Our April 16 WikiStage conference brought it back to where it all began -- the Paris campus of ESCP Europe! #ShareHerVoice Conference was an inspiring and eye-opening experience aiming to bring awareness to creating future gender equality champions. Amongst the speakers we welcomed on stage, there were quite a few amazing women. Tatiana Moura from Promundo, a Brazilian based, non-governmental organization promoting caring, non-violent and equitable masculinities and gender relations, talked about the importance of engaging men in the process of establishing gender equality. Shannon Galpin, the founder of Mountain2Mountain, a non-profit organization fighting for women’s rights in conflict zones, spoke about her experience in Afghanistan where she worked on many projects aiming to empower women by engaging them in various activities related to education, art and sports. Galpin, who also happens to be the first person to practice mountain biking in the area, is currently supporting Afghanistan's first Women’s National Cycling team. In her powerful speech, Shannon Galpin said she always wondered why people were indifferent towards sexual violence until she realized she was one of these people. "Having a voice means taking a stand”, she said. Chloé Chambraud and Luisa de Simone, two young and ambitious volunteers, talked about their projects in Thailand. They have created a social enterprise for women affected by violence aiming to help boost these women's creativity, regain confidence and simply empower them by having them create things from recyclable materials. Charlotte Werner, junior associate at McKinsey & Company and contributor the company's the Women Matter studies, spoke about how having more women at the top means better results for companies. Later, when asked about the situation in her working establishment, Werner replied she cannot complain, and it is going in the right direction. Yann Borgsted, founder of the Womanity Foundation and the only male representative on stage that night, shared with us the story of his success. He spoke about how he created the first commercial women’s radio in the Middle East, called “Radio NISSA FM”, and how Womanity is all about pushing the boundaries of women empowerment. All in all, the atmosphere that night was empowering. Even the cocktail hour immediately following helped maintain the positive atmosphere as audience members got the chance to meet the speakers and learn even more about these organizations. If you are curious about how to get involved, check out some of the links to these wonderful organizations and stay tuned for the recordings to be posted on the website. #ShareHerVoice!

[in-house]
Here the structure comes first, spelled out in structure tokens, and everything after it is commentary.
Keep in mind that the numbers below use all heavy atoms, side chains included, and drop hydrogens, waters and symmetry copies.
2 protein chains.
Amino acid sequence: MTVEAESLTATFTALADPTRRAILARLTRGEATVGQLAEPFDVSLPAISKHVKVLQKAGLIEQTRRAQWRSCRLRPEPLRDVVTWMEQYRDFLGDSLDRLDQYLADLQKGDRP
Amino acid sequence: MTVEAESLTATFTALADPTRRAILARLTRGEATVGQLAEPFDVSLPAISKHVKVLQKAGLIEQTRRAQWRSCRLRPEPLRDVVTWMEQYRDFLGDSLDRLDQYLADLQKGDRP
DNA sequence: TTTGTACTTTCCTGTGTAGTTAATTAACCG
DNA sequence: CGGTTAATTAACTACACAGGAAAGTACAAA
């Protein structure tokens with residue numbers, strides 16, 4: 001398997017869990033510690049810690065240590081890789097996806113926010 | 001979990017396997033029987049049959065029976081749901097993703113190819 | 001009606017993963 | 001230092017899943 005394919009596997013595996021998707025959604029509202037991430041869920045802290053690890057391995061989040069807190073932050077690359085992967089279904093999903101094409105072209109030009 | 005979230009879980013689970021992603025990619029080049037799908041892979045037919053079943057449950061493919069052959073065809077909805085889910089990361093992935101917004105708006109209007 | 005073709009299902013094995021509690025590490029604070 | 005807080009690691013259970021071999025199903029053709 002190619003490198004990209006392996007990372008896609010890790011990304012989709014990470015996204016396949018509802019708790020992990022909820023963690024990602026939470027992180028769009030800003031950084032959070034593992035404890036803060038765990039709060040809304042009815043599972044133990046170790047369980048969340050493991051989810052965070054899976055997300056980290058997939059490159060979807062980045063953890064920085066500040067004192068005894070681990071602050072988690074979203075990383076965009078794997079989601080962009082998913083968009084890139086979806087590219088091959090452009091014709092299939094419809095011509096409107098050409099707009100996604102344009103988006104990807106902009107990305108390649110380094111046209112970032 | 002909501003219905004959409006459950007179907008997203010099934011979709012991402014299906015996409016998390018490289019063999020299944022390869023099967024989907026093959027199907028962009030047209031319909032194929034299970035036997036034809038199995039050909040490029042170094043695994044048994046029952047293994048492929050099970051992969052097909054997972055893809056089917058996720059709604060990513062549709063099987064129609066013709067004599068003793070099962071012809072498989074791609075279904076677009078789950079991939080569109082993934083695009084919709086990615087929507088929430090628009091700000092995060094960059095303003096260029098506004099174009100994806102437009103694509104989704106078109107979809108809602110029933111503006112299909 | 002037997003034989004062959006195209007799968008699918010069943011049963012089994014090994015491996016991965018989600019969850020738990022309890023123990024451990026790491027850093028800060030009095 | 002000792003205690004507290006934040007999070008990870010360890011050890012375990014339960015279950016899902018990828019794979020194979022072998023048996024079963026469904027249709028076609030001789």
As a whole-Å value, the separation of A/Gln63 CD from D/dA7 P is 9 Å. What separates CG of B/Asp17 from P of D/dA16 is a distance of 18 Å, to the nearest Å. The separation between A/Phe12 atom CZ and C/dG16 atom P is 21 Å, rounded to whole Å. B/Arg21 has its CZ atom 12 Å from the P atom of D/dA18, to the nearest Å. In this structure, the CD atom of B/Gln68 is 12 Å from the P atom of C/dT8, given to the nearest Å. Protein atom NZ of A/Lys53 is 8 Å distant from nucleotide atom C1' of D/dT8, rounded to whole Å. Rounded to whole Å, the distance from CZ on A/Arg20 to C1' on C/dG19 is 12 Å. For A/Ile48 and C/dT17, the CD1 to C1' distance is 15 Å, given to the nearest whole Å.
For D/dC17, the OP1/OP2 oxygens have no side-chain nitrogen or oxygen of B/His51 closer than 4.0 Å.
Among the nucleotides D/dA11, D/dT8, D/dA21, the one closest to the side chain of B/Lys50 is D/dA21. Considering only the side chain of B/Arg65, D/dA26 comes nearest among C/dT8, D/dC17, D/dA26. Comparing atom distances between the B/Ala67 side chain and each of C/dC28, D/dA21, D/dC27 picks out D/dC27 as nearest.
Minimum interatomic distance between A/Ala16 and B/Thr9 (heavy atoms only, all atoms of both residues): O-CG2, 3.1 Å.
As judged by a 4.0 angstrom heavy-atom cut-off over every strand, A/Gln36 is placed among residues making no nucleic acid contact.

Storytelling: WikiStage Speaker Workshop (MakeSense)
Not only does WikiStage host WikiTalk events, it also has coaching sessions every Thursday evening for folks wanting to learn how to put together and give an effective speech. The most recent speaker workshop took place at MakeSense on April 9. This was the first coaching session to be held at MakeSense, and it was quite a success. In fact, there were enough people registered that the event had to be held in a bigger room! Five coaches gave their own interpretation of storytelling and offered tips and tricks on how to use a short story when communicating a message. The coaches were Béatrice Doradoux, Claudia Martins José, Stéphane Loiret, Antonio Meza and Vincent Avanzi. After each one spoke, there was a call for an audience member to volunteer and give his/her own talk. Coaches and others in the audience would offer feedback and advice on how the volunteer-speaker can improve. If you are interested in coming out to the next WikiStage coaching session and learn how to improve your own public speaking skills, then feel free to join us this Thursday April 16 at ESCP Europe! We look forward to seeing you there!
WikiStage Panthéon Sorbonne: innovation 2.0
On April 2, WikiStage held its first event at Panthéon Sorbonne. Around 50 people showed up to hear eight different WikiTalks centered around one theme: innovation. The atmosphere was bright and relaxed. Listeners were told to be curious and seek answers. Solutions to any problem can be found, but we need to pay attention to everything around us. The first speaker, Mika Mered, talked about different innovative projects in the Arctic and Antarctic from floating cities to developing tourism. For him, adaptation is key. Oliver Rohou encouraged the audience to not be ashamed about sharing their ideas. As long as you are passionate, no idea is a bad idea. For Jeanne Dussueil, people are the media innovation and anyone can be a decision maker. By using visions from abroad, we can enrich national debates. Through their talks, you can tell each speaker is driven and passionate about their ideas. It's hard not to listen and feel inspired! If you are wanting a little push in being more innovative, keep an eye out for these WikiTalks on the website!